Kripke: Yeah. We actually spend a little more time with how Dean himself feels about going to Hell because right now he's accepting that he's going to Hell and he's unwilling to do anything to stop it. That changes 180 percent in Episode 10. Something big happens to him that makes him realize he desperately wants to live and he desperately doesn't want to go to Hell. We also have a great Groundhog day episode coming up.
TV Guide: Where a day keeps repeating itself?
Kripke: Sam basically wakes up every day and it's the same day and Dean dies at the end of every single day. It's actually quite funny. Dean dies maybe 10 different ways on camera, and off camera, maybe he dies 200 different ways. Sam doesn't go through just three or four Tuesdays, he goes through something like 150 Tuesdays. We have a great witch episode and we have a big mythology episode where we pay off the Agent Hendrickson storyline in a very climactic way.
TV Guide: What's happening with Ruby and Bella?
Kripke: Ruby is appearing in that episode with Hendrickson; she's also appearing in the witch episode. We reveal something pretty surprising about her backstory. She's a demon, and we learn a lot about demons and how they came to be demons. Bella makes an appearance in a dream episode, where Sam and Dean take this medicine man drug where they go dream walking, which is going into other peoples' dreams. So we spend the majority inside Bobby's dreams, inside Dean's dreams,
TV Guide: Your fans seem to hate any woman who comes on the show. Are they coming around?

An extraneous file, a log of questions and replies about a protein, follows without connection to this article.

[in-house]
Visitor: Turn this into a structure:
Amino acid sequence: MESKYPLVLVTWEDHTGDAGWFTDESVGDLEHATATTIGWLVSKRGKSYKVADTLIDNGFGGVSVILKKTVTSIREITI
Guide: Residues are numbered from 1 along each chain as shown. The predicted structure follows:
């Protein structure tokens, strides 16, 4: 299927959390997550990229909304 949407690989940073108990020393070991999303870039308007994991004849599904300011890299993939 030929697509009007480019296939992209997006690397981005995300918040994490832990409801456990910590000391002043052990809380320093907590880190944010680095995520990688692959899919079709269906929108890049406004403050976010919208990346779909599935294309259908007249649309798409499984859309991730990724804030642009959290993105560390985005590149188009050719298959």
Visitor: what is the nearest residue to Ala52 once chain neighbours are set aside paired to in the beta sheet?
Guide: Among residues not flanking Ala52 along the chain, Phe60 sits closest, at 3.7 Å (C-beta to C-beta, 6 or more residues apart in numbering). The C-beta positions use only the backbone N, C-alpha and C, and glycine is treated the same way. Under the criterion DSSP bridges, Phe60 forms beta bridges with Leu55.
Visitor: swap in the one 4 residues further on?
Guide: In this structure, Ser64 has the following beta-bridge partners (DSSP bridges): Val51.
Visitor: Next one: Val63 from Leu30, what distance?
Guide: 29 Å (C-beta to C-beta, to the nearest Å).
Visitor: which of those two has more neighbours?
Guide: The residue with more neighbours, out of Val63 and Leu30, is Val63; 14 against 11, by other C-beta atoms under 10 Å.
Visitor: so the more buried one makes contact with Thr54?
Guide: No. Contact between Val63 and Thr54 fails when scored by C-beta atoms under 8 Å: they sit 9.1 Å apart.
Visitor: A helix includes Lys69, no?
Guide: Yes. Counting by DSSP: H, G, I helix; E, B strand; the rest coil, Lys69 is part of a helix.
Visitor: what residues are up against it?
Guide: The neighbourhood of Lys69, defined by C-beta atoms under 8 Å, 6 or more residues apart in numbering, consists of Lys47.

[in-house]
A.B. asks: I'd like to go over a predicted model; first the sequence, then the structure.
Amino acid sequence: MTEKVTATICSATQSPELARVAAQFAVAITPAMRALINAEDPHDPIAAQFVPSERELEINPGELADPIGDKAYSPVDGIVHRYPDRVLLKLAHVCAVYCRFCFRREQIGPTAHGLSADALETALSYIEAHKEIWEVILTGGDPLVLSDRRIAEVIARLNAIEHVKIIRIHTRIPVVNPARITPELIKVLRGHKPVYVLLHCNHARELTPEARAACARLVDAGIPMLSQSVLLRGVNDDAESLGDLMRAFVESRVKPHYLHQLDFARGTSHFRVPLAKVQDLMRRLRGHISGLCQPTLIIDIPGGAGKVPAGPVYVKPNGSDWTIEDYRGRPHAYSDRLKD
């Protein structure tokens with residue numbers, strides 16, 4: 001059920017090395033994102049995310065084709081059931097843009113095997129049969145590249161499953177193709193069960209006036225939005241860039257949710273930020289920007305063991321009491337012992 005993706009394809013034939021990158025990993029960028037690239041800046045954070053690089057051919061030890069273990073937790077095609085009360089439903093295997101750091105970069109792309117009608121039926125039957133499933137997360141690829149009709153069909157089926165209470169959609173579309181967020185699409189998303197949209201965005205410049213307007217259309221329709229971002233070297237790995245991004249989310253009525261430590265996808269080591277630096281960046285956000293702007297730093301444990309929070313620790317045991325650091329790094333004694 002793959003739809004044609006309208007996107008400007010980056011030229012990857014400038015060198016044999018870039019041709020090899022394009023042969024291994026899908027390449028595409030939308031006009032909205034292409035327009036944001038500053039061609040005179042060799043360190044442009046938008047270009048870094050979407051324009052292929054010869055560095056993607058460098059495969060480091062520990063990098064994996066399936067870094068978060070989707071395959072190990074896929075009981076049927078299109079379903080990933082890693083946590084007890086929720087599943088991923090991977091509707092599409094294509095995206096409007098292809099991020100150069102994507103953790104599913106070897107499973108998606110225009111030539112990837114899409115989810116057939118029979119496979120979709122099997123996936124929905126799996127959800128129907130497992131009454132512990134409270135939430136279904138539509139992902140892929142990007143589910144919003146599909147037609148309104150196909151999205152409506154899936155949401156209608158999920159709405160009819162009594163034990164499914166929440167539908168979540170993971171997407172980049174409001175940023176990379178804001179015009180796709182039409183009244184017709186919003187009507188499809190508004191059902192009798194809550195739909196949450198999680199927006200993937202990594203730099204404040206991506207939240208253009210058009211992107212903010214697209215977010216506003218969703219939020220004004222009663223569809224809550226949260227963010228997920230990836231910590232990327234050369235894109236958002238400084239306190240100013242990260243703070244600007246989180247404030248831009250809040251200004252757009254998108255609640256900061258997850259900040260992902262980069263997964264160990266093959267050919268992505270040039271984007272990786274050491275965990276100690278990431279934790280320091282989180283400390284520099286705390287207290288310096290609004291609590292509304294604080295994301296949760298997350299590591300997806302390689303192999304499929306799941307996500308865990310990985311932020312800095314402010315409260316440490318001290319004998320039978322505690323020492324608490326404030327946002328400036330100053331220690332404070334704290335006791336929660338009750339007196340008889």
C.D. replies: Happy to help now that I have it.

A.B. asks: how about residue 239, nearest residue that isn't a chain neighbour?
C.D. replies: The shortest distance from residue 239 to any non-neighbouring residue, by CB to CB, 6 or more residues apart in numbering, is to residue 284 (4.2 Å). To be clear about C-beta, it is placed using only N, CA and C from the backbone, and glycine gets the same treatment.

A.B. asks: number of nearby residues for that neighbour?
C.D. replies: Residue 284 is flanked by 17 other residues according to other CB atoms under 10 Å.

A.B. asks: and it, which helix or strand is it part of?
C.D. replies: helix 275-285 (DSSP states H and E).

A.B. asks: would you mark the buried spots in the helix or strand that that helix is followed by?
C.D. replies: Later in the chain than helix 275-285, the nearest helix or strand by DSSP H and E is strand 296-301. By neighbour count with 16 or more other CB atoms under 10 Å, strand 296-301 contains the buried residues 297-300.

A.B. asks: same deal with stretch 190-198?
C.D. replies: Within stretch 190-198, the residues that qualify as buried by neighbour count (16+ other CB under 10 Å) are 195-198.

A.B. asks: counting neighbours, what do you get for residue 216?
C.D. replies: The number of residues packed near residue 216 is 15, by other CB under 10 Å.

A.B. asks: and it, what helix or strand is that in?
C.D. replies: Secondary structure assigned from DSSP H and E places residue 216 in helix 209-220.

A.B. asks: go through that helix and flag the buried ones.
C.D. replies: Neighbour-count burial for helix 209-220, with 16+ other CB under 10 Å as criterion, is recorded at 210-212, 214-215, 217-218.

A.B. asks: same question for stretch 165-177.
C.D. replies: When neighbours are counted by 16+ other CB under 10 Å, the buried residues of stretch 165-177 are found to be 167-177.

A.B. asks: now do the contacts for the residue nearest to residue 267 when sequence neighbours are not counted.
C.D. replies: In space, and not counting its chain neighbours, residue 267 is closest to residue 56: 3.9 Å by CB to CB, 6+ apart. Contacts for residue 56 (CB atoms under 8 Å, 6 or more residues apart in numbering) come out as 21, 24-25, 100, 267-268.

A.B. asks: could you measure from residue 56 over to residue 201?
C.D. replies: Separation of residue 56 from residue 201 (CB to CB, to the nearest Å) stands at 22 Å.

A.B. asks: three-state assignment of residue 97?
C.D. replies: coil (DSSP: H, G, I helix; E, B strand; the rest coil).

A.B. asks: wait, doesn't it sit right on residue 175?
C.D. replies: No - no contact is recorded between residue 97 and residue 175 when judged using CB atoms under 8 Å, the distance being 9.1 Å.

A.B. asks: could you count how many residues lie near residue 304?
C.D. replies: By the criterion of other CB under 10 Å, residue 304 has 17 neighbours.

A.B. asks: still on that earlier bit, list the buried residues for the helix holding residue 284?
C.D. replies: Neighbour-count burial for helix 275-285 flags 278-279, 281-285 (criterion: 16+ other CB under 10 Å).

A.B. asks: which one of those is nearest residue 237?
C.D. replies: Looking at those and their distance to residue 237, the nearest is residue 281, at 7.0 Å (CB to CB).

Kripke: My fans are a protective bunch. I hope we're winning them over. Last season, they had such issues with the character Jo. And privately, I thought the character as we wrote her wasn't working out. This season, I love both these girls and both these characters. They're really interesting and bring something different to the table.
TV Guide: I have to ask you about Katie Cassidy's (Ruby) arrest-underage drinking, lying to a cop. How has that affected the show?
Kripke: I don't have anything to say about that. It hasn't affected the show at all.
TV Guide: Are you planning for Dean's future to be resolved this season? If the strike allows it, of course.
Kripke: We have this storyline that we're building towards — whether Dean goes to Hell and what's really happening to Sam, dovetails together in a really surprising and satisfying way. If we have a full season, Dean's time will come up and we'll definitely answer what team Sam is going to be fighting for. If we have a half a season, stay tuned for Season 4. So we're excited by that story and we hope to tell it this year.
TV Guide: What can we look forward to with post-strike eps?
Kripke: There's a fun one where we bring back the Hellhounds, the bumbling ghost hunters back from Season 1. The whole show is an episode of their reality show. So we're shooting an entire show on hand-held video Blair Witch-style. Like when X-Files did their episode of Cops. It's our loving tribute to Ghosthunters on Sci Fi. ''